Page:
(*For those of you who don't know, I am currently a Digital Learning Coach, working with teachers on effectively implementing technology into their classrooms. Teachers sign up for a year-long "fellowship" of working closely with me, and they are called "fellows" or "tech fellows". We have a coaching cycle that includes pre-brief, lesson implementation, and debrief/reflection that we follow)
Here is a brief summary (which I know I'm missing some parts, but it will give you a good overview) over her mini-PBL unit on "Duality of Pride". These activities took just under 2 weeks to complete in class.
The technology she used throughout the unit, in addition to Diigo, were Google Forms (to collect student links), Google Docs (for whole-class collaboration), Google Drawings (for group brainstorming and bringing together research), Google Slides (for group presentations), and Padlet (for class brainstorming).
1. Her students had been reading literature around the theme of "Duality of Pride" and had already been coming up with essential questions. Each group chose an essential question to focus on. The end goal of this mini-unit was a group presentation that answered each group's essential question with supporting evidence from a variety of sources (literature, online sources, videos, etc)
2. Dawn created a screencast explaining to students how to sign up for Diigo and get the Diigolet bookmarklet. (With student accounts, this first step would not be needed as the teacher would create all accounts from a roster). I came in two of her four class periods and helped model how to use Diigo and all the features (Highlighting, Sticky Note, Tagging, Sharing Annotated Link, etc). The students overall thought it was awesome ("This is so cool!"), especially when I closed out the website, went back to it and saw no annotations (and acted like I was freaked out), and then clicked on the Diigolet bookmarklet again and all my annotations re-appeared.
3. Students had to find sources online that helped them to answer their group's essential question. At the time, we did not know about the collaborative group features of Diigo, so the students just turned in their "Annotated Link" to the teacher and were able to share with their group from their page. Dawn could open up any of the annotated links she wanted to see what the students thought was important and what sort of annotations they were making on the articles.
Now that we know about the student groups on Diigo, they will be able to add their source to the Group page, tag it for easy finding, and then actually open up each others sources, annotate their own comments alongside the original annotator, and continue to build and share their ideas.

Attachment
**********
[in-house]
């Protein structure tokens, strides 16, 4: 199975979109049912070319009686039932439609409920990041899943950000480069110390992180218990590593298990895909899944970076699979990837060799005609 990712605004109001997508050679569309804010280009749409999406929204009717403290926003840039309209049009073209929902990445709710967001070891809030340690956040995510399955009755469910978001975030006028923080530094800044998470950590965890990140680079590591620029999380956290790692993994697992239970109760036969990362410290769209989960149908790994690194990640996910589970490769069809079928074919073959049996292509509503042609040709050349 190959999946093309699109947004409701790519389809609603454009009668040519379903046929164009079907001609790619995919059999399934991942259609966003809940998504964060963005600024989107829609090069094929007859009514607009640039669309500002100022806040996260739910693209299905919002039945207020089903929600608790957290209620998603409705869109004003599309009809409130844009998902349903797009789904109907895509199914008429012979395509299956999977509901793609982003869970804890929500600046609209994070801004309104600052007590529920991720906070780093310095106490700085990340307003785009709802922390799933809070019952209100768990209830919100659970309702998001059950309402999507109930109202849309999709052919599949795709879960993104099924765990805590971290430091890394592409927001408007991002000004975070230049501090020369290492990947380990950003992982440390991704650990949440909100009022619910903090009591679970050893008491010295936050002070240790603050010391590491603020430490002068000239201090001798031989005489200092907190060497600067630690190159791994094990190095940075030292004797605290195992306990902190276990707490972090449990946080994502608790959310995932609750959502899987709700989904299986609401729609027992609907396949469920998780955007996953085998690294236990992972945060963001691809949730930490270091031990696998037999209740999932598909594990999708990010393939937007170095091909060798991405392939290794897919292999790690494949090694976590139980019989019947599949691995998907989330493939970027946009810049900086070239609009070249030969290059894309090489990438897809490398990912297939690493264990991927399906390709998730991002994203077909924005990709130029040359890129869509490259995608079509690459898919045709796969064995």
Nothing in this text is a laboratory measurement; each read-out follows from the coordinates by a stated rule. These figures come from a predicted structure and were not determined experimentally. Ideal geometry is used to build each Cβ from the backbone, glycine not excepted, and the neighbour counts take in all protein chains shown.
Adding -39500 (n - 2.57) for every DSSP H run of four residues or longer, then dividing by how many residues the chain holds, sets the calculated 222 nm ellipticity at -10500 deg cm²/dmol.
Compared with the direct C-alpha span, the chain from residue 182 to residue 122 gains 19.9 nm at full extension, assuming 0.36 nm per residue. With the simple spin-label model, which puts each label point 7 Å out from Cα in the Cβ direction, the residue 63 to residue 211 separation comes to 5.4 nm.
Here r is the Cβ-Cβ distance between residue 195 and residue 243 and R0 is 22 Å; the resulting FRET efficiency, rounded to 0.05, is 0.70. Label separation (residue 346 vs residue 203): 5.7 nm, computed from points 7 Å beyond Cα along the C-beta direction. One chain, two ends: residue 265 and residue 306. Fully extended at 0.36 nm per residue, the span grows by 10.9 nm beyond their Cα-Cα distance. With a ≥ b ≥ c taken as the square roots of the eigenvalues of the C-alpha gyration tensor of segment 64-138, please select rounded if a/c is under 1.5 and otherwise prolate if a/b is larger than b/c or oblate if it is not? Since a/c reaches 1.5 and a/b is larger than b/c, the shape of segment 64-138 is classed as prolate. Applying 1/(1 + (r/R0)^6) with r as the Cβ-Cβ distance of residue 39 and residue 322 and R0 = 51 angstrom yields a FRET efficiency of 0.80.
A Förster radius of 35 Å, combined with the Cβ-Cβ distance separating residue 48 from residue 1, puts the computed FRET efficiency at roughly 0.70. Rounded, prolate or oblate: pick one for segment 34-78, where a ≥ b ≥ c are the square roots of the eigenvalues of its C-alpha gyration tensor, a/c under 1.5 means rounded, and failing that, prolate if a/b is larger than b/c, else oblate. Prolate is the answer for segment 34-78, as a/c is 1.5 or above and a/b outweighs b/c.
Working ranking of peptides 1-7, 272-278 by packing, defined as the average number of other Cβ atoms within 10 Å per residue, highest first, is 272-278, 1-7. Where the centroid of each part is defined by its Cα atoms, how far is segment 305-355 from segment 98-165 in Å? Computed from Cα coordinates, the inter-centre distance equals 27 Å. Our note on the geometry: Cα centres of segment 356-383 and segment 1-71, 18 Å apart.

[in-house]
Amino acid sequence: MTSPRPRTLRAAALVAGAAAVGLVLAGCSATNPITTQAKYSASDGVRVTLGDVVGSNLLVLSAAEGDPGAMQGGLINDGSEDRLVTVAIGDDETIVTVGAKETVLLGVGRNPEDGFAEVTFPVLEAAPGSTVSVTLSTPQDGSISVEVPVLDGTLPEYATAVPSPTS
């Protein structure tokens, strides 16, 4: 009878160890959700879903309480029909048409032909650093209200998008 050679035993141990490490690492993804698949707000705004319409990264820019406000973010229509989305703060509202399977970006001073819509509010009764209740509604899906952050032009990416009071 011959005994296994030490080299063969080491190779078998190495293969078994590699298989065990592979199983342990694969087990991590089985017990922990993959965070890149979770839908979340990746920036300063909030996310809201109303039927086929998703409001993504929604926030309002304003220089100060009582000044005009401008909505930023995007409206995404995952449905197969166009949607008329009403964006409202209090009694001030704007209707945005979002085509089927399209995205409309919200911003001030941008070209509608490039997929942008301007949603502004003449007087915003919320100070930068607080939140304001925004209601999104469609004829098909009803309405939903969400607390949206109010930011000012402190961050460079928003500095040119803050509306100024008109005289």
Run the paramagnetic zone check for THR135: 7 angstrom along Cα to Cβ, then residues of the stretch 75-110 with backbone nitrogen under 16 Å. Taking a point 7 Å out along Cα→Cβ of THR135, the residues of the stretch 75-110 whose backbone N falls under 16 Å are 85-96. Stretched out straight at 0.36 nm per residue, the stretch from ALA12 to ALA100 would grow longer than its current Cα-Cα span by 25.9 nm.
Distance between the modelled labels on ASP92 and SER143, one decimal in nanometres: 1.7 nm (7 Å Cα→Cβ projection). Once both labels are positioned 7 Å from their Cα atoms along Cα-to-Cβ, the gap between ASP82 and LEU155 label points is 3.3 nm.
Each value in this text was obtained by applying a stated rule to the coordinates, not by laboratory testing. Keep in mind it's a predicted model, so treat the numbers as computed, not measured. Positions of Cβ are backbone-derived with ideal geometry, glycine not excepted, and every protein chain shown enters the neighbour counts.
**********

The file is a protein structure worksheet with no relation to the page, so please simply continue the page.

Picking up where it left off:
Students were able to share their research with their group members to help put together their thesis for the presentation.
4. Dawn created a graphic organizer on a Google Drawing that was then shared out to her students (one per group, everyone collaborating). Students were able to add their comments and research from their sources, as well as some of the short stories they had read in class. She had each student put their initials before each of their comments so she could monitor how each student was contributing to the live document.
In addition, she was able to have all the documents open on her computer at once and was able to add comments and make suggestions as her students were working.
5. Dawn also embedded presentation skills into this mini-unit by teaching students about "Less is More". During the students' first presentation, she noticed that they had a lot of text on the slides, complete sentences, and were reading off of the slides a lot. For this second time, they actually spent some time in class discussing the qualities of great presentations, both in terms of presentation skills (voice, enunciation, hand gestures, connection with audience, etc) as well as presentation creation (less is more, pictures to guide presentation, not whole sentences but fragments on slides, etc). Dawn used TED Talks to help the students analyze good presentations, and they collaborated on a Google Doc with key ideas during the video.
Students used the rubric that they were going to be graded on to score the sample presentations they saw from the TED talks.
6. Before the presentation day, one group was selected to give a "practice" presentation. The period started with students jotting down the key ideas they remembered from the "what makes a good presentation" TED activity, and then sharing some ideas with the class. Each group had also written down goals on a Google Document that they specifically had based on what they learned, and my fellow read those out loud for the group that was going to present. After the presentation, every student wrote down some Positives & Constructive Criticism for the group on a sticky note. They brought their sticky note to their own presentation group and discussed what they thought, choosing 1-2 positives and 1-2 constructive criticisms to post on the class Padlet wall. They then discussed as a class what they saw. Lastly, students were given time in their groups to edit & practice their presentations for the "real" presentation day the next day. The group who was the "practice" group got to go again the next day as well. Dawn reflected and said she saw a HUGE change in the presentations after the "practice" day (in the "practice" group's real presentation, but also in all the other groups' slide content, since their presentations were on Google Slides), especially in regards to the slide content (less is more) and the connection to the audience & to the thesis.
I hope this is an example of a lesson that shows technology being used to both enhance and transform the learning experience for students. I'm looking forward seeing the use of the collaborative features of Diigo in a future unit, as well as continue to see the students' presentation skills improve over time.